While those sites were sharing Nintendo ROMs, the act of downloading them is also likely illegal, even if you already own those games on an old cartridge or disc.
I'd disagree. As copyright companies are so fond of saying, you didn't buy the game, you bought a license authorizing you to play the game.

Since you paid for and own the right to play the game, where you get the bits which allow you to play the game should be irrelevant in the eyes of the law. In fact, the copyright holder would be in violation of their purchase contract with you if you paid for the license but lost the original media, and they refused to provide you with replacement media to let you use the license you paid for. Their answer cannot be "buy another license, but oops, sorry, we're not selling them anymore."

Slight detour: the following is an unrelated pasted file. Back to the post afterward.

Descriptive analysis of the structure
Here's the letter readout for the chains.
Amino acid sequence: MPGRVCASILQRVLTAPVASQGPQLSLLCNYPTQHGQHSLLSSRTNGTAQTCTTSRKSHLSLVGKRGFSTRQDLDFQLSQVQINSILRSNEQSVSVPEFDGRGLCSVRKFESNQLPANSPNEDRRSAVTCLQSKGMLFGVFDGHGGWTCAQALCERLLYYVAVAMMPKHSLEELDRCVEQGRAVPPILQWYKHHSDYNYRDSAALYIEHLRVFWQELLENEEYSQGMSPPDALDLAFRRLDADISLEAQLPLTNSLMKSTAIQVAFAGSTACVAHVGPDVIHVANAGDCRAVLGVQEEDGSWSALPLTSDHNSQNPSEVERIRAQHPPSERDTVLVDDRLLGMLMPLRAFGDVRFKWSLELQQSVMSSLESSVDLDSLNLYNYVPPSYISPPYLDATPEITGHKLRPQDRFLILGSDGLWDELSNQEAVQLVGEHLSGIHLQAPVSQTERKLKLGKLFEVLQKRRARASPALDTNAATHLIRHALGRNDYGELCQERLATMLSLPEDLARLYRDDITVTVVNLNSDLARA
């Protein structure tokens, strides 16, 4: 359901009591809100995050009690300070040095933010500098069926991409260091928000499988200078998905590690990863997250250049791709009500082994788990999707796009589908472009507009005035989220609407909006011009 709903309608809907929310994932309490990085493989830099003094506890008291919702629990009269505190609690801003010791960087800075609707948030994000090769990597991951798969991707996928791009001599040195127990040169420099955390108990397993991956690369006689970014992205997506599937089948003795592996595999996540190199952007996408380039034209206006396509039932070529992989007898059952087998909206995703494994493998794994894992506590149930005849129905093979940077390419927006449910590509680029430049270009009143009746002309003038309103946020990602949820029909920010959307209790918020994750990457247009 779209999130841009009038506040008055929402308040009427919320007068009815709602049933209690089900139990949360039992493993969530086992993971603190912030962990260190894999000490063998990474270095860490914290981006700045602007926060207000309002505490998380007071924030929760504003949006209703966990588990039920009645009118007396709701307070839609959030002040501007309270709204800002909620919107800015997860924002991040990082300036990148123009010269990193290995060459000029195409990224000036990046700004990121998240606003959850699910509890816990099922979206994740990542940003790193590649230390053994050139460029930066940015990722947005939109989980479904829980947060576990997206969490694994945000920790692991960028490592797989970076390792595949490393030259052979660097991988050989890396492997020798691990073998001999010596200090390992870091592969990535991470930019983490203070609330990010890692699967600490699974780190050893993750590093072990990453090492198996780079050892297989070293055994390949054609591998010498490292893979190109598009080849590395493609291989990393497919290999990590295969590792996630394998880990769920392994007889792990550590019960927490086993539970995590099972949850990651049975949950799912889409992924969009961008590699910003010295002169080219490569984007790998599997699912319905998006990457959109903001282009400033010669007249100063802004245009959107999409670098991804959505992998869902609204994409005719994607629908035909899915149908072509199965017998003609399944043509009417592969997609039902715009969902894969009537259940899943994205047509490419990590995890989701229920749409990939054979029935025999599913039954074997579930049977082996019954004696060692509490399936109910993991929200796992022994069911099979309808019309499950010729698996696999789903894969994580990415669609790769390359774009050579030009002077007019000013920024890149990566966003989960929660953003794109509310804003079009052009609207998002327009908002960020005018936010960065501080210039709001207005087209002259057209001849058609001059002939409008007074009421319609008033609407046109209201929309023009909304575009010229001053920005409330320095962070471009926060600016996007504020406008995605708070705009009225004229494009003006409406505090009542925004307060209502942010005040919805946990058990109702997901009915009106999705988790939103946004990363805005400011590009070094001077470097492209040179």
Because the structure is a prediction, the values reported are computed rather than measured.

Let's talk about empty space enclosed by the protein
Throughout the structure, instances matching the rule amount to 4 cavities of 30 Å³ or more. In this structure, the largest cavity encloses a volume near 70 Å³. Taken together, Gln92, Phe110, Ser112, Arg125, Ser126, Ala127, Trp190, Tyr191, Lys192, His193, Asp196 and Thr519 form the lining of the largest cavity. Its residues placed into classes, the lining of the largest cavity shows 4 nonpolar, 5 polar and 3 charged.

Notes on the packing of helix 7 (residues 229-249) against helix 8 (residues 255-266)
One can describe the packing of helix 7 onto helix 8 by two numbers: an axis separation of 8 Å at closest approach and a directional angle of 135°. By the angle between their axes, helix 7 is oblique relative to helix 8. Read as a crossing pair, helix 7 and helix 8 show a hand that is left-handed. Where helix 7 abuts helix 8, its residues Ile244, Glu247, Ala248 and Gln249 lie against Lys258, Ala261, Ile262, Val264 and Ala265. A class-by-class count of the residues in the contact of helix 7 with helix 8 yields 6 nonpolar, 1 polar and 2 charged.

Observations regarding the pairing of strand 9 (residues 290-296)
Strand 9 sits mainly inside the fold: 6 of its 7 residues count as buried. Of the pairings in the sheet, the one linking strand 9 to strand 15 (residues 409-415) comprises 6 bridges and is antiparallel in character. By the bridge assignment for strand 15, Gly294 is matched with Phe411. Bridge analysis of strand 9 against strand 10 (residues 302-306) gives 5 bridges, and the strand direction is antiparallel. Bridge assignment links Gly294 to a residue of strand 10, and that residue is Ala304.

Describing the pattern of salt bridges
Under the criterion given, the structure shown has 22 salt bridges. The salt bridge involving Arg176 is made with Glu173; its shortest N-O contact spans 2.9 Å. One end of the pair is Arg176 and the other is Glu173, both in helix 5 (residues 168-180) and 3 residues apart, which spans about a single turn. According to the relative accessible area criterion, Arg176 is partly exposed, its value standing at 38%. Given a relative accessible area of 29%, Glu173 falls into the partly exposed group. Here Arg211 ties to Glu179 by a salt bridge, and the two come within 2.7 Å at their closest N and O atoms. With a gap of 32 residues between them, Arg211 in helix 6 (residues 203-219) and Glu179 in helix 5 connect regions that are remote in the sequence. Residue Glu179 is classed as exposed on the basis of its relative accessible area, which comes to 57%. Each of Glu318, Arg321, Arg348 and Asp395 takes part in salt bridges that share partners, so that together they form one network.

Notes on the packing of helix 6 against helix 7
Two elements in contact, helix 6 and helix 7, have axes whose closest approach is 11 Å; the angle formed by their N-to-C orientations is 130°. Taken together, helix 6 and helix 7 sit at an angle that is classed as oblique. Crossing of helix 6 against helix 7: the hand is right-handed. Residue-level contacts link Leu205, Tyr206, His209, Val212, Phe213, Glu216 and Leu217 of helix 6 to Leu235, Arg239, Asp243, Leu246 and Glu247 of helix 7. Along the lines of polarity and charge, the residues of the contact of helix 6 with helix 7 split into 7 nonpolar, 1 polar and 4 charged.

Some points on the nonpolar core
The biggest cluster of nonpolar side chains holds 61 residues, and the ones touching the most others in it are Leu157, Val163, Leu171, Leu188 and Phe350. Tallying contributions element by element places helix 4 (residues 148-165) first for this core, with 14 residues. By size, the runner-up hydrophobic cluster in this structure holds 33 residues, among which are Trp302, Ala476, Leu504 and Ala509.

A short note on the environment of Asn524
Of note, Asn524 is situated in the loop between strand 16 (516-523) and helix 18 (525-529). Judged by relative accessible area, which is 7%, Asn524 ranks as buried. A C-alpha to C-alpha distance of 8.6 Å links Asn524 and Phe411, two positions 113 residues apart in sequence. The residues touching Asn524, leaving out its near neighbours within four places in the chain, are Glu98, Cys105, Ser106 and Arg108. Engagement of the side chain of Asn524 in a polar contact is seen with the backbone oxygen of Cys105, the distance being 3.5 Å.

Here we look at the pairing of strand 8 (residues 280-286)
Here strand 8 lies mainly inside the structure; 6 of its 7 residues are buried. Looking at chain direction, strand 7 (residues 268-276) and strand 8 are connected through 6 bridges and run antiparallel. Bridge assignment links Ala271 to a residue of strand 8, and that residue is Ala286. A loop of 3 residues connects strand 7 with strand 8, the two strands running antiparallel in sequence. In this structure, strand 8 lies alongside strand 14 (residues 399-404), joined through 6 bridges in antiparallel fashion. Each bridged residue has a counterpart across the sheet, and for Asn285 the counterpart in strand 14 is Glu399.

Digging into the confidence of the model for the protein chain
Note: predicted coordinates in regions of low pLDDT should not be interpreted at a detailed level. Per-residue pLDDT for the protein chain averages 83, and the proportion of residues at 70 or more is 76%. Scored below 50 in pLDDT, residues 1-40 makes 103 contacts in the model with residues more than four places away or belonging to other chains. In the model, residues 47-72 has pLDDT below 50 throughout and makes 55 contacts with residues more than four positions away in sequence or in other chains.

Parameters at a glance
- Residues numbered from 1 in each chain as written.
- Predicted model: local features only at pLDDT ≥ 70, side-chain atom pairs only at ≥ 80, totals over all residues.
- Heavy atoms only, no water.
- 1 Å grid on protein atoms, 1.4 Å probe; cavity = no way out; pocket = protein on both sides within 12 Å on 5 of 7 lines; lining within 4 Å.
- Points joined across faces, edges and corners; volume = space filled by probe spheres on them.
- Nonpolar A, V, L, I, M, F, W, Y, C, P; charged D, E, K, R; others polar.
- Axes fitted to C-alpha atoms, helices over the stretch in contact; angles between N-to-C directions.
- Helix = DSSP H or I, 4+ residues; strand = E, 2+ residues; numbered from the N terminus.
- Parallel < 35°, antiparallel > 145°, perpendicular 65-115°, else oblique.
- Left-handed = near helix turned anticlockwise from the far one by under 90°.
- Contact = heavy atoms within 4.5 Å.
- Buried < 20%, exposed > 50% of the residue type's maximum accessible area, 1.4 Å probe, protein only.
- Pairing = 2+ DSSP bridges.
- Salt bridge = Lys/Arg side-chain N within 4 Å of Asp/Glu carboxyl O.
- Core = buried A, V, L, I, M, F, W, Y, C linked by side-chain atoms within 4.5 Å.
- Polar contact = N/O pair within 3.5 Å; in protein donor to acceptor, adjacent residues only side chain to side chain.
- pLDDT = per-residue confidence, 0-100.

Copyright gives the copyright holder the legal right to control distribution of the copyrighted work. Downloading is not distribution, so you cannot violate copyright by downloading something. Bootleg CDs are a great example. They will arrest the bootlegger selling the copies, but don't do anything about the people buying the bootleg CDs because they haven't done anything wrong (unless they also make copies and distribute them).

That's why they've only gone after people who've downloaded via filesharing apps - those apps also uploaded content to other filesharers. And the moment you're uploading, you're distributing, and thus violating the copyright holder's rights. But downloading, and especially downloading something you have a paid license to, is not a copyright violation.